In a move sure to rile US allies abroad and the travel industry at home, the Trump administration is considering a plan to set up a much more adversarial system for deciding which non-citizens should be allowed into the United States. Even if they are only coming into the country for a short stay, like a vacation, foreign nationals could be forced to disclose financial records and asked to hand over things like their social media account passwords and the contact records in their mobile phones. Travelers could also face interviews in which they are quizzed about their “ideology” and their attitude toward the United States
The program, first reported by The Wall Street Journal on Tuesday morning, would keep President Trump’s campaign promise to impose “extreme vetting” on travelers entering the country as a means of keeping terrorists out of the US.
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The stepped-up scrutiny of travelers would, reportedly, extend even to those coming from countries that are currently part of the visa waiver program, which allows residents of certain countries to travel to the US for up to 90 days without first obtaining a visa.
Trump administration officials characterized the intrusive examinations as necessary to keep the country safe in a dangerous world. Gene Hamilton, senior counselor to Homeland Security Secretary John Kelly told the Journal, “If there is any doubt about a person’s intentions coming to the United States, they should have to overcome—really and truly prove to our satisfaction—that they are coming for legitimate reasons.”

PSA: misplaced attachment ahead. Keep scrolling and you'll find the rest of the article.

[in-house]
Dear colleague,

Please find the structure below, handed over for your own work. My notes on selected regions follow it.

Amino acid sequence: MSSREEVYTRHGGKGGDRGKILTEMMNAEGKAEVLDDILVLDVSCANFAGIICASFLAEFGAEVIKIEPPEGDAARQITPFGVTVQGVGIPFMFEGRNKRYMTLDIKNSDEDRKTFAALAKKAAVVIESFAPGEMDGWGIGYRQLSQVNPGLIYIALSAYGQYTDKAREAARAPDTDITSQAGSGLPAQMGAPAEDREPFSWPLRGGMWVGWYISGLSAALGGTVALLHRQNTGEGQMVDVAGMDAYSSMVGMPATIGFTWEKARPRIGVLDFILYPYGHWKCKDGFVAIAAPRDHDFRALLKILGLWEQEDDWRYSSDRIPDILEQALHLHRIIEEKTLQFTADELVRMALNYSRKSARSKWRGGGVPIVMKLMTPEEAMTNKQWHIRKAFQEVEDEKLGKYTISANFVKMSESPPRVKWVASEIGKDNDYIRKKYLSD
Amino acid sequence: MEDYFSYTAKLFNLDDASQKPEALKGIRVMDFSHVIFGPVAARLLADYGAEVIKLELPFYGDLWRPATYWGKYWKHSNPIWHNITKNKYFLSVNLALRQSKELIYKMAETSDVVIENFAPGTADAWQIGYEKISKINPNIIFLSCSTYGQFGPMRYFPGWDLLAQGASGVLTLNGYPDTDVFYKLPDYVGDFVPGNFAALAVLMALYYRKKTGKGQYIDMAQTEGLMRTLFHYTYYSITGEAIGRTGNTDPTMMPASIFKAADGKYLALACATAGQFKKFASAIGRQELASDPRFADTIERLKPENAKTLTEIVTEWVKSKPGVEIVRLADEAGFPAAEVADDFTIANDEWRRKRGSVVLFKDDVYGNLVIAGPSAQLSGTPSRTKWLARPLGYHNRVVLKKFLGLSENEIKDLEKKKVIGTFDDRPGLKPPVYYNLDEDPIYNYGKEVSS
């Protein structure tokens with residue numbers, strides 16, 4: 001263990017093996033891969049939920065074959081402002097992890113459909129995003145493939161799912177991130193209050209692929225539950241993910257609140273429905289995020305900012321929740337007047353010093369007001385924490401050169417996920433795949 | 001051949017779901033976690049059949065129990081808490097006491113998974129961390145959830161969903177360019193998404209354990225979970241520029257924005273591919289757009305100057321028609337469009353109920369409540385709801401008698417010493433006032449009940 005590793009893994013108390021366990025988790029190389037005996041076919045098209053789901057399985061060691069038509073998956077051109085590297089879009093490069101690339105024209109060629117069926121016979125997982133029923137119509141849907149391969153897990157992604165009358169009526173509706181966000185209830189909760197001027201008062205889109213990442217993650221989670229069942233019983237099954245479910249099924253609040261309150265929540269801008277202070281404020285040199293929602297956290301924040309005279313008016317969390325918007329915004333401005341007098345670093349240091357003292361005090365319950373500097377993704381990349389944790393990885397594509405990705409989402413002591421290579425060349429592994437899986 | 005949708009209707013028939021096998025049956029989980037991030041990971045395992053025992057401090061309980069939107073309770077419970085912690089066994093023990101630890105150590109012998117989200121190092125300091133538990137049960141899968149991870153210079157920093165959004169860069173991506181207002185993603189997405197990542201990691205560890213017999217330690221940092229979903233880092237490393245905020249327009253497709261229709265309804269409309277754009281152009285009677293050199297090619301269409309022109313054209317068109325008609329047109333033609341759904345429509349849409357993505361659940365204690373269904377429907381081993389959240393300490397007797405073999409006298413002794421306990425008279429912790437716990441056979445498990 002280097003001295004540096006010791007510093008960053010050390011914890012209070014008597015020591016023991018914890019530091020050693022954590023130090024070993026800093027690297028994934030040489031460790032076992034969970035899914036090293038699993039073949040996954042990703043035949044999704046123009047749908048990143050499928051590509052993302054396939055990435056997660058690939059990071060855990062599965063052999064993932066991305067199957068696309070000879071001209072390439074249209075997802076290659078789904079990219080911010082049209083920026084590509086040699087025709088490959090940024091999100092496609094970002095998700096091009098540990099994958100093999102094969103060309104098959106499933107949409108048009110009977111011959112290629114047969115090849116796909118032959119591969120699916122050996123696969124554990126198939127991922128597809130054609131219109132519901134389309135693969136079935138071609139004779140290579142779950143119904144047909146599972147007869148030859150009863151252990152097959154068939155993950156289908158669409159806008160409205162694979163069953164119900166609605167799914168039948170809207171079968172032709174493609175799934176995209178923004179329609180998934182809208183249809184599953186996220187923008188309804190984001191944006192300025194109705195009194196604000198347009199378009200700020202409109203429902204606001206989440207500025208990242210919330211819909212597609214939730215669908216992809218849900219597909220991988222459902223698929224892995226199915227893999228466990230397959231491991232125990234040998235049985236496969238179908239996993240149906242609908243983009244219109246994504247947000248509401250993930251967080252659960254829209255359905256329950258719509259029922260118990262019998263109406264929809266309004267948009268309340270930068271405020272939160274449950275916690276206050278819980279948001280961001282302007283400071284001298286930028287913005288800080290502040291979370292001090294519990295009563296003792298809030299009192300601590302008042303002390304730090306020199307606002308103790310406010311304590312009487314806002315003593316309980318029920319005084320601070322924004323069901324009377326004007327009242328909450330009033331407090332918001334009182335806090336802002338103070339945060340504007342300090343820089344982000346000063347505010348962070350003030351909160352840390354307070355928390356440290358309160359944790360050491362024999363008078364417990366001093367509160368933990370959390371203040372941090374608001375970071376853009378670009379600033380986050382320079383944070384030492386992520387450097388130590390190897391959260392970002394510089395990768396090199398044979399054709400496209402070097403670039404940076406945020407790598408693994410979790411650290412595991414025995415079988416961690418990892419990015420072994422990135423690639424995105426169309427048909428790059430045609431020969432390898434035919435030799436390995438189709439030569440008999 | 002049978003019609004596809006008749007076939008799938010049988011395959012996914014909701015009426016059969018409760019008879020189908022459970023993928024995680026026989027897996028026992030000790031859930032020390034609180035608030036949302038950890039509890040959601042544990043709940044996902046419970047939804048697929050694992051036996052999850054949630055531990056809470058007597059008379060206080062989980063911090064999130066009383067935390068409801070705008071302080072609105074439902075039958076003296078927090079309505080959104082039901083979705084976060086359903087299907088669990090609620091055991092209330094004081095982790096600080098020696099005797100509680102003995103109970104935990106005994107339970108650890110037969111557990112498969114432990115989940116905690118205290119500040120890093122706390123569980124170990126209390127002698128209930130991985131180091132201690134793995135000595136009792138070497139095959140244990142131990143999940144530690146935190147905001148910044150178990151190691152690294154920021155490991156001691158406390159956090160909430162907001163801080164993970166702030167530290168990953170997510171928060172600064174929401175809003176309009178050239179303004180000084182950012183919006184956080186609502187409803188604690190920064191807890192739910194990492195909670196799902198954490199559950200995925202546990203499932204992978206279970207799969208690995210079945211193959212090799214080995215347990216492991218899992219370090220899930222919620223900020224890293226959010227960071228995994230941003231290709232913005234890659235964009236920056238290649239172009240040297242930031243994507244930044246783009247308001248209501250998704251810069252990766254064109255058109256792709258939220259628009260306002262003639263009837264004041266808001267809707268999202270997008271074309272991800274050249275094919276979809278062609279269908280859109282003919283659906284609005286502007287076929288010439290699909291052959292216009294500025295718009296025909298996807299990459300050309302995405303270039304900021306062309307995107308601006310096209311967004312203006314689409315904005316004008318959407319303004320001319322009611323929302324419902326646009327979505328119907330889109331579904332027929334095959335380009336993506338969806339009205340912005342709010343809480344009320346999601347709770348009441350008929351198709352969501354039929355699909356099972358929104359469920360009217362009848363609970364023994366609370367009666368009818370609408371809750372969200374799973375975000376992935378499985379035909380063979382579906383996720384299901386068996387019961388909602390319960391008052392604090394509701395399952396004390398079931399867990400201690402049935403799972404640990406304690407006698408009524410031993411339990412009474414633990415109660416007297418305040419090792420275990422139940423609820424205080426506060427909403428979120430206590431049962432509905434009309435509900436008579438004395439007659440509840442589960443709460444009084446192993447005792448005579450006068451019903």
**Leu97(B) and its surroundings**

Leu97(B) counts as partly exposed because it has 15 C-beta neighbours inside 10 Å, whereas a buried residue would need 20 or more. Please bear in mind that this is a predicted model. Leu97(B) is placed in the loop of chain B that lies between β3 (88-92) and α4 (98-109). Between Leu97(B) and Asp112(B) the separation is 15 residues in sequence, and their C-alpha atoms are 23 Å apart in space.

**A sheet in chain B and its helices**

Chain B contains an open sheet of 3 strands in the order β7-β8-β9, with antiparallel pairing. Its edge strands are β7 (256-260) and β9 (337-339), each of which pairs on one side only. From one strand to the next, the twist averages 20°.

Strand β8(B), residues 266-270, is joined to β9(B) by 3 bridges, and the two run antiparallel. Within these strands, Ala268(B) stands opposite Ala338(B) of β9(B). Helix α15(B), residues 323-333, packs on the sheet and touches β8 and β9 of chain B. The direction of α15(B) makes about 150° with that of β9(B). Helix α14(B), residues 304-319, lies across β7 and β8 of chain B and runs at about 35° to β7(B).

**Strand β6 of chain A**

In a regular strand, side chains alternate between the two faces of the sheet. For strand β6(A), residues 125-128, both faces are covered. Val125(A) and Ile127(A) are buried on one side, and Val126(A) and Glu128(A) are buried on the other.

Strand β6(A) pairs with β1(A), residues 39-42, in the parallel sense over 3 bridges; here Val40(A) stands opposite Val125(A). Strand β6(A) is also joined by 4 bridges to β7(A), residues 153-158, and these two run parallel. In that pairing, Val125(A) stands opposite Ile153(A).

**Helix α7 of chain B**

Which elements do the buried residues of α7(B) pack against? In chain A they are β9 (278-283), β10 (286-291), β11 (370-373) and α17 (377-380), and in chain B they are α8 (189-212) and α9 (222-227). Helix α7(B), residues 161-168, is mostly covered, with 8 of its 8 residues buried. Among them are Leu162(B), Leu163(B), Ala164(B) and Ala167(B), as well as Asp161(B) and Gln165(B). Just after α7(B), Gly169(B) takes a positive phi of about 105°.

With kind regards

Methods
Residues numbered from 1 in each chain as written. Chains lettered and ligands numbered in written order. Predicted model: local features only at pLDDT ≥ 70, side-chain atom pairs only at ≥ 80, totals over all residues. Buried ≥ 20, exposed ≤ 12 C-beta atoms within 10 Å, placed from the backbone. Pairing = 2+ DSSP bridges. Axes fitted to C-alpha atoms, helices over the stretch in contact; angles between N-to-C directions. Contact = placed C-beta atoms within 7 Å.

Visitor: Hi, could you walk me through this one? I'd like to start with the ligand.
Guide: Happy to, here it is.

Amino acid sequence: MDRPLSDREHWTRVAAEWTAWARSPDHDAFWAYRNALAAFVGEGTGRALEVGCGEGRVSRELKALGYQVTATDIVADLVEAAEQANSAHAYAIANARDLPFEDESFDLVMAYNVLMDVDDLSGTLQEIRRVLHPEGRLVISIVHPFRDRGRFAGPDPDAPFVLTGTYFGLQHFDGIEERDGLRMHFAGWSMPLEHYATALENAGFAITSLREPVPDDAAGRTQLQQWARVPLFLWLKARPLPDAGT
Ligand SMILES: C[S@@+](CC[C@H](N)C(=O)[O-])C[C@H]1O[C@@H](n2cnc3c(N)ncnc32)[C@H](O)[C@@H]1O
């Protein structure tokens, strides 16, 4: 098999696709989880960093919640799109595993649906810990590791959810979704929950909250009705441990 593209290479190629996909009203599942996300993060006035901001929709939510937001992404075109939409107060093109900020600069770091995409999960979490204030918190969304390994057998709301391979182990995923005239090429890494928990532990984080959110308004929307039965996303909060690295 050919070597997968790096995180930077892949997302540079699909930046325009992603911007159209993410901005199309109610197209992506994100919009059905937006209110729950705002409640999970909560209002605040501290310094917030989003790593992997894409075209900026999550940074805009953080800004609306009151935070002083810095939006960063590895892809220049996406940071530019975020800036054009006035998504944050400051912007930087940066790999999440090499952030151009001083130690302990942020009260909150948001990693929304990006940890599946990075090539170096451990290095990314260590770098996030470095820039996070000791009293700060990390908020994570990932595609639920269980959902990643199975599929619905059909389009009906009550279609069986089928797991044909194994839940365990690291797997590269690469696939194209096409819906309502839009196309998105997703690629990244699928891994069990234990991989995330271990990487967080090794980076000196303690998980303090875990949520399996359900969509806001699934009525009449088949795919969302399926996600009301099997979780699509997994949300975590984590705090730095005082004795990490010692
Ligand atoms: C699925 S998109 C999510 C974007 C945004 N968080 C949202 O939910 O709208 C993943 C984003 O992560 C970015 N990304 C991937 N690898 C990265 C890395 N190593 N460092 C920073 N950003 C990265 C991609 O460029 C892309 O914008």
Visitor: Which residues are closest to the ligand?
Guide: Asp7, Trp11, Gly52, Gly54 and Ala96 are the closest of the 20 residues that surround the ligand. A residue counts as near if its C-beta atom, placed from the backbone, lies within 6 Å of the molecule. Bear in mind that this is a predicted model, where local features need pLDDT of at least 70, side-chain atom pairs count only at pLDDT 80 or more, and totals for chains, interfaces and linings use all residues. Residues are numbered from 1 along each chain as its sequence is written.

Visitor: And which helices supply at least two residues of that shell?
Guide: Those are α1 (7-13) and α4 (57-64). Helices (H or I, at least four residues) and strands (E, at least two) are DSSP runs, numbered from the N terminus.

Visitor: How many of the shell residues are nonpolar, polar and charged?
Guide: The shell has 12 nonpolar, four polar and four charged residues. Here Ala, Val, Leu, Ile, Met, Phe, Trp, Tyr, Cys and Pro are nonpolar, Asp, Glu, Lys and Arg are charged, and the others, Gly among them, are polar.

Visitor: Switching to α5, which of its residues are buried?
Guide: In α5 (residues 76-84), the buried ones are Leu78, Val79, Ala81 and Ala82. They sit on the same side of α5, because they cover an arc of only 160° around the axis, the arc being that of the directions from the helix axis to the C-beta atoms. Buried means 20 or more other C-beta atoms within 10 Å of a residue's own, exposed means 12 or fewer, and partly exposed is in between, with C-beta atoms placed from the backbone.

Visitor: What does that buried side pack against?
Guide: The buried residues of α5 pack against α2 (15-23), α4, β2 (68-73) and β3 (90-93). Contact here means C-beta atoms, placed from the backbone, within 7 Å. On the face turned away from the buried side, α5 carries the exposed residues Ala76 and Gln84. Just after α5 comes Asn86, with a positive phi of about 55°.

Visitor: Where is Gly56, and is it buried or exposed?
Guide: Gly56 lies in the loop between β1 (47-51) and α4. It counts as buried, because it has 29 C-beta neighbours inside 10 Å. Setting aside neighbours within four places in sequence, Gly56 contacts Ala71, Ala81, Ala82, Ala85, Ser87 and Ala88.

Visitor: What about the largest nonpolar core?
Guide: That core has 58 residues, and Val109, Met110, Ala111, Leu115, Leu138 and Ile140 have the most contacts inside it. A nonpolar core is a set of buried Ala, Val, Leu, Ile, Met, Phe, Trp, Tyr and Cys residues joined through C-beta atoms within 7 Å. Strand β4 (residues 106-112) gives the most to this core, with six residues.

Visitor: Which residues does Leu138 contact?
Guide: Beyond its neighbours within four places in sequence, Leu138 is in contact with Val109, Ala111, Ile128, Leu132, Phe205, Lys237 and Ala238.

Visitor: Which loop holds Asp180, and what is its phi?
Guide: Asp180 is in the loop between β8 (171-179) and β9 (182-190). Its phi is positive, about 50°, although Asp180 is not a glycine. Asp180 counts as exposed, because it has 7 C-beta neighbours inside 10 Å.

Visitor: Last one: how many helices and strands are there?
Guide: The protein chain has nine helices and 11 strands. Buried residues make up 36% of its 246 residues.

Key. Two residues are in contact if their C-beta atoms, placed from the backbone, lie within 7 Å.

But industry professionals described the move as potentially catastrophic for the travel and tourism business, a sector already suffering because the high value of the US dollar is deterring visitors from traveling to the country.
“It would obviously have a negative effect,” said Dr. Charles Goeldner, Professor Emeritus of Marketing and Tourism at the Leeds School of Business, University of Colorado at Boulder. “People would go elsewhere. You go where you’re welcome, and this casts an image of not being welcoming.”
It would be particularly hard on the tourism industry to apply the proposed requirements to countries that are currently part of the visa waiver program, said Goeldner, who also sits on the board of the Travel and Tourism Research Association. “One of the goals of the visa waiver program was to make it easy for these people to come into our country and boost our tourism industry, and it’s been a very successful program.”
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Others warned of the possibility of tit-for-tat retaliation against US travelers by the immigration enforcement services in other countries, making international travel less convenient for Americans. In the past, the US faced a diplomatic row with Brazil when that country temporarily imposed tougher entry requirements on Americans in response to similar action taken by the US against Brazilians.
However, some cautioned, it is also possible that other countries, particularly those with economies that rely on tourism dollars to a greater extent than the United States does, might be initially reluctant to do anything to deter Americans from visiting.